San Francisco 49ers
(Photo by Kevork Djansezian/Getty Images)

In its latest address of on-field protests, the league has limited fine-free demonstrations to the locker room. President Trump is pleased with the ruling, but opposition has been vocal.

In an effort to curtail player demonstrations during the traditional playing of the national anthem, the National Football League instituted new pregame policies on Wednesday.

Under this new set of rules, all on-field personnel must stand for the national anthem, though players will have the option of remaining in the locker room. Those who disrespect the anthem, such as kneeling or sitting through its playing, will be subjected to a fine from the league, who also gave power to teams to dispense individual reprimands for such offenses.

“We want people to be respectful of the national anthem,” NFL commissioner Roger Goodell said, according to Kevin Seifert and Dan Graziano of “We want people to stand, that’s all personnel, and make sure they treat this moment in a respectful fashion. That’s something we think we owe. We were also very sensitive to give players choices.”

The NFL claims the decision was made via a unanimous vote amongst league owners, but San Francisco 49ers owner Jed York stated that he abstained from voting.

NFL Players Association Executive Director DeMaurice Smith expressed his concerns in several tweets on Wednesday.

Further controversy about the vote emerged on Thursday when league spokesman Brian McCarthy admitted to ESPN that a formal roll call vote was not taken, done only by a show of hands.

This decision marks the latest turn in the league’s national anthem controversy. The movement began in August 2016, when San Francisco 49ers quarterback Colin Kaepernick sat during the anthem prior to a preseason game, a protest against racial injustice and police brutality in the United States. At the suggestion of former NFL long snapper and United States Army Green Beret Nate Boyer, Kaepernick took a knee instead, and dozens of players throughout the league followed his example.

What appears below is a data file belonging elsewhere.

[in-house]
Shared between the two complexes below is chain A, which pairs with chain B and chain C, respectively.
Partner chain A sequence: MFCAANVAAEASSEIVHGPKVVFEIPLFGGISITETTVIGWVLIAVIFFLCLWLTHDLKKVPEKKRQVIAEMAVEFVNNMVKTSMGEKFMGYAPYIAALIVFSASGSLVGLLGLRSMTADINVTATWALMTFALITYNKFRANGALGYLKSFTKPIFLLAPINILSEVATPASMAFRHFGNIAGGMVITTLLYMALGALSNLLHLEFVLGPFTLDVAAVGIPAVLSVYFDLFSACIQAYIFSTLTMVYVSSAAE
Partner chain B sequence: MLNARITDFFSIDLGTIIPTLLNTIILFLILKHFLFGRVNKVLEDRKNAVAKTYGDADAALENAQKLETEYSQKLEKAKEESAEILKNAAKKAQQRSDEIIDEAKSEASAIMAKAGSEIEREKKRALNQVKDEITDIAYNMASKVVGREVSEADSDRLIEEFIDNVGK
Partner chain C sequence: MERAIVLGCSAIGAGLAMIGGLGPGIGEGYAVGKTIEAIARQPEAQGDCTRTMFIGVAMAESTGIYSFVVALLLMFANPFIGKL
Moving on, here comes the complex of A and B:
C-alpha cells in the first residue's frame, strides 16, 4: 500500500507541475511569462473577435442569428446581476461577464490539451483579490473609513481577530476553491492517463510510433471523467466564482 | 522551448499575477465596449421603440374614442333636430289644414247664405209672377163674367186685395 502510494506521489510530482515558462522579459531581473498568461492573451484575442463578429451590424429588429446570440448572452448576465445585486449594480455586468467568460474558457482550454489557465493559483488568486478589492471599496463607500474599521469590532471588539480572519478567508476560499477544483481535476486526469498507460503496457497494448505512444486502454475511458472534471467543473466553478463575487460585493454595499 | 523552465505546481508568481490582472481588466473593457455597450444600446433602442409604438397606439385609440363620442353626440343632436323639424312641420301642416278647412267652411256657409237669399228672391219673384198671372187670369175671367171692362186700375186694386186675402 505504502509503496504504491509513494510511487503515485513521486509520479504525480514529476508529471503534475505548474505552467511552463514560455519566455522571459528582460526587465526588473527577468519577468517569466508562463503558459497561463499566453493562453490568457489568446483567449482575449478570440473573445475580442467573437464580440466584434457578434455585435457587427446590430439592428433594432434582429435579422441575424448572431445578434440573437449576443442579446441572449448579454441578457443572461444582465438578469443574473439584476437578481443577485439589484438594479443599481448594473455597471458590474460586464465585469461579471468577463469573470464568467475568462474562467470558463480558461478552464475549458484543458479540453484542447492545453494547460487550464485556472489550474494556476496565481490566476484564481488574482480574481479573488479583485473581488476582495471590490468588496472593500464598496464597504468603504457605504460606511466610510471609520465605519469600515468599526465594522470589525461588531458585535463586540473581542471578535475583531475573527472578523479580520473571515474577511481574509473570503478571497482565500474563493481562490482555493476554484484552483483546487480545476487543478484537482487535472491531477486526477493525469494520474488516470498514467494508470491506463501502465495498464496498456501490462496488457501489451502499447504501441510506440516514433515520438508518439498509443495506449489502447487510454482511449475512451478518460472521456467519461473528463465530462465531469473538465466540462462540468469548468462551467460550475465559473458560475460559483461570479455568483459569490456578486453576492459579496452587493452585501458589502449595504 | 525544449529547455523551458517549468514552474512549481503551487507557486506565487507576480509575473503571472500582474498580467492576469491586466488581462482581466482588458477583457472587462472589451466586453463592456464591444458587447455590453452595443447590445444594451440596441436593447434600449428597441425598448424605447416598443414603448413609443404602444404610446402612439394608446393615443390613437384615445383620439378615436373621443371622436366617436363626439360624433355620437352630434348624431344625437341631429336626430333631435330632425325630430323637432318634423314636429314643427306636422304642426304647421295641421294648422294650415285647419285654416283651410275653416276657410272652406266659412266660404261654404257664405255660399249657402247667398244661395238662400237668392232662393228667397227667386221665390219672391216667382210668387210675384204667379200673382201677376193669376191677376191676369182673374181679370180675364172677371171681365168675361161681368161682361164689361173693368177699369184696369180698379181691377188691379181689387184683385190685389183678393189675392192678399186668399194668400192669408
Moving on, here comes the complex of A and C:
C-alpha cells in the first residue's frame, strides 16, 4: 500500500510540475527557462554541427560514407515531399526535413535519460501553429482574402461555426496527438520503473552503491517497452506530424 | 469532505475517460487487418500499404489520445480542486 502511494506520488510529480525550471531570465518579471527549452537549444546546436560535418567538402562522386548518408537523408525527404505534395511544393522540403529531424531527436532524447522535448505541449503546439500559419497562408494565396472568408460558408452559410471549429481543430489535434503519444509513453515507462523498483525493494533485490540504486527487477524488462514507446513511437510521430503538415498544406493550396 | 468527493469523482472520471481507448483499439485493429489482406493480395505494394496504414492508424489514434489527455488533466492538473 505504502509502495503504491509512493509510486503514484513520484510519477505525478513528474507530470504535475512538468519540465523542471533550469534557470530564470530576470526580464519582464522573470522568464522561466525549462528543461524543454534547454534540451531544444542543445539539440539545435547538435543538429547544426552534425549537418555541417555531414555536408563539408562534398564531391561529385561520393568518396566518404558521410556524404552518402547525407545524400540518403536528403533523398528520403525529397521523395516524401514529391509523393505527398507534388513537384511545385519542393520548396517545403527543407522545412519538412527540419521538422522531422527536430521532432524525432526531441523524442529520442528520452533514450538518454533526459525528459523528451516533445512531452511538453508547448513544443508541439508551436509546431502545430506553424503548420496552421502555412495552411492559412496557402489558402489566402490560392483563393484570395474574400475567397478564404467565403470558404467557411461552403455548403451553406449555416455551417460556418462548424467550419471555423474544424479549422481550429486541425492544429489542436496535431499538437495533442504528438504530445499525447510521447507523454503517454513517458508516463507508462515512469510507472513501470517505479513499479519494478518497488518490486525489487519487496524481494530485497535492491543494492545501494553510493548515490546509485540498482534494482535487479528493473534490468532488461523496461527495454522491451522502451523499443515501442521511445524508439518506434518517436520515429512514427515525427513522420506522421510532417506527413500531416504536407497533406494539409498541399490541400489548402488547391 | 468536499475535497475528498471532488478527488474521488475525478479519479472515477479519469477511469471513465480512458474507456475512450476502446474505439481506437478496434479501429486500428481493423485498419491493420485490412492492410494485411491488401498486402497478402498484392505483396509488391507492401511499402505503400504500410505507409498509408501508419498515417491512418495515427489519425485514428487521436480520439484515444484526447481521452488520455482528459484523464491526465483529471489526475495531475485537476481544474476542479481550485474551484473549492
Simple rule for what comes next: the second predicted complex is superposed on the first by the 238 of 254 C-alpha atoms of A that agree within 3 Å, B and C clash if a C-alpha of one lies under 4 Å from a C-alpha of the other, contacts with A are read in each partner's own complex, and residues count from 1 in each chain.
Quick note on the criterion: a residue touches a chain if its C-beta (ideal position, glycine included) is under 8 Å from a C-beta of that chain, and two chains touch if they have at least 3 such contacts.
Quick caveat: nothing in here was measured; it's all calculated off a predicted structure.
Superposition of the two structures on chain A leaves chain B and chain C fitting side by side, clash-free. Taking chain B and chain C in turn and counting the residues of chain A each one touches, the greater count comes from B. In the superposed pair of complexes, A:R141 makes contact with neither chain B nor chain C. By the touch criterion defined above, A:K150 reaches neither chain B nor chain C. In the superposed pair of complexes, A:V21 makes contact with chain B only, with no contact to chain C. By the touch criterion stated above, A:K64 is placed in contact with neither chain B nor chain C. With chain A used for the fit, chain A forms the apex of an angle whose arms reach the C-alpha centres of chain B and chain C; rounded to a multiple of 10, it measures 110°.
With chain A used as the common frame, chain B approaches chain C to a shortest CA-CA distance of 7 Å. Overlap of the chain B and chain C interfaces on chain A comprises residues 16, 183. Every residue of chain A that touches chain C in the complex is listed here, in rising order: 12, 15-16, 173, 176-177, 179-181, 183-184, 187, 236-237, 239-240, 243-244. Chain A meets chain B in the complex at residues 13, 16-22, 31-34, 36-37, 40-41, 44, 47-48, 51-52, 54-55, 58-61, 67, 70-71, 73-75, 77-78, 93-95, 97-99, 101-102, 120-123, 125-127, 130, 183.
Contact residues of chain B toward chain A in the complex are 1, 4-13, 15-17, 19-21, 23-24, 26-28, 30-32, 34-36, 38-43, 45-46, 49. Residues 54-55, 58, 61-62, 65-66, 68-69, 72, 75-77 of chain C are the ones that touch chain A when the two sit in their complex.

Released by the 49ers after the 2016 season, Kaepernick, who has faced both criticism and praise for his demonstration, has not been picked up by any NFL team since, and he has since filed a collusion lawsuit against the league and its owners. Safety Eric Reid, who publicly supported Kaepernick and knelt alongside him, has likewise been unsigned since his contract expired after last season and has likewise filed a collusion charge.

The league’s decision received praise from President Donald Trump, who remarked that the league “did the right thing” in an interview with news program Fox and Friends that aired Thursday morning.

“I don’t think people should be staying in locker rooms but still I think it’s good, you have to stand proudly for the national anthem,” Trump said. “Or you shouldn’t be playing, you shouldn’t be there. Maybe you shouldn’t be in the country. You have to stand proudly for the national anthem and the NFL owners did the right thing if that’s what they’ve done.”

Trump has been vocal against the protests, referring to the participants, notably declaring “get that son of a b**** off the field”, referring to a hypothetical protesting player, in a September political rally.

Detractors of the new rule include New York Jets chairman Christopher Johnson, who promised to cover the fine of any Jets who choose to demonstrate.

“If somebody takes a knee, that fine will be borne by the organization, by me, not the players,” Johnson said, according to Bob Glauber of Newsday “I never want to put restrictions on the speech of our players. Do I prefer that they stand? Of course. But I understand if they felt the need to protest. There are some big, complicated issues that we’re all struggling with, and our players are on the front lines. I don’t want to come down on them like a ton of bricks, and I won’t. There will be no club fines or suspensions or any sort of repercussions. If the team gets fined, that’s just something I’ll have to bear.”

Giants defensive tackle Damon Harrison, who knelt in the game that immediately followed Trump’s September comments, spoke out against the rule on Twitter, dispelling the notion that the protest was meant to disrespect the flag and military, as well as the idea that NFL ratings dropped due to the protests, common claims of the anti-protest crowd.

If anything, this decision now has people talking long before football season even begins. Now we wait to see how it all plays out.

Follow Geoff Magliocchetti on TWITTER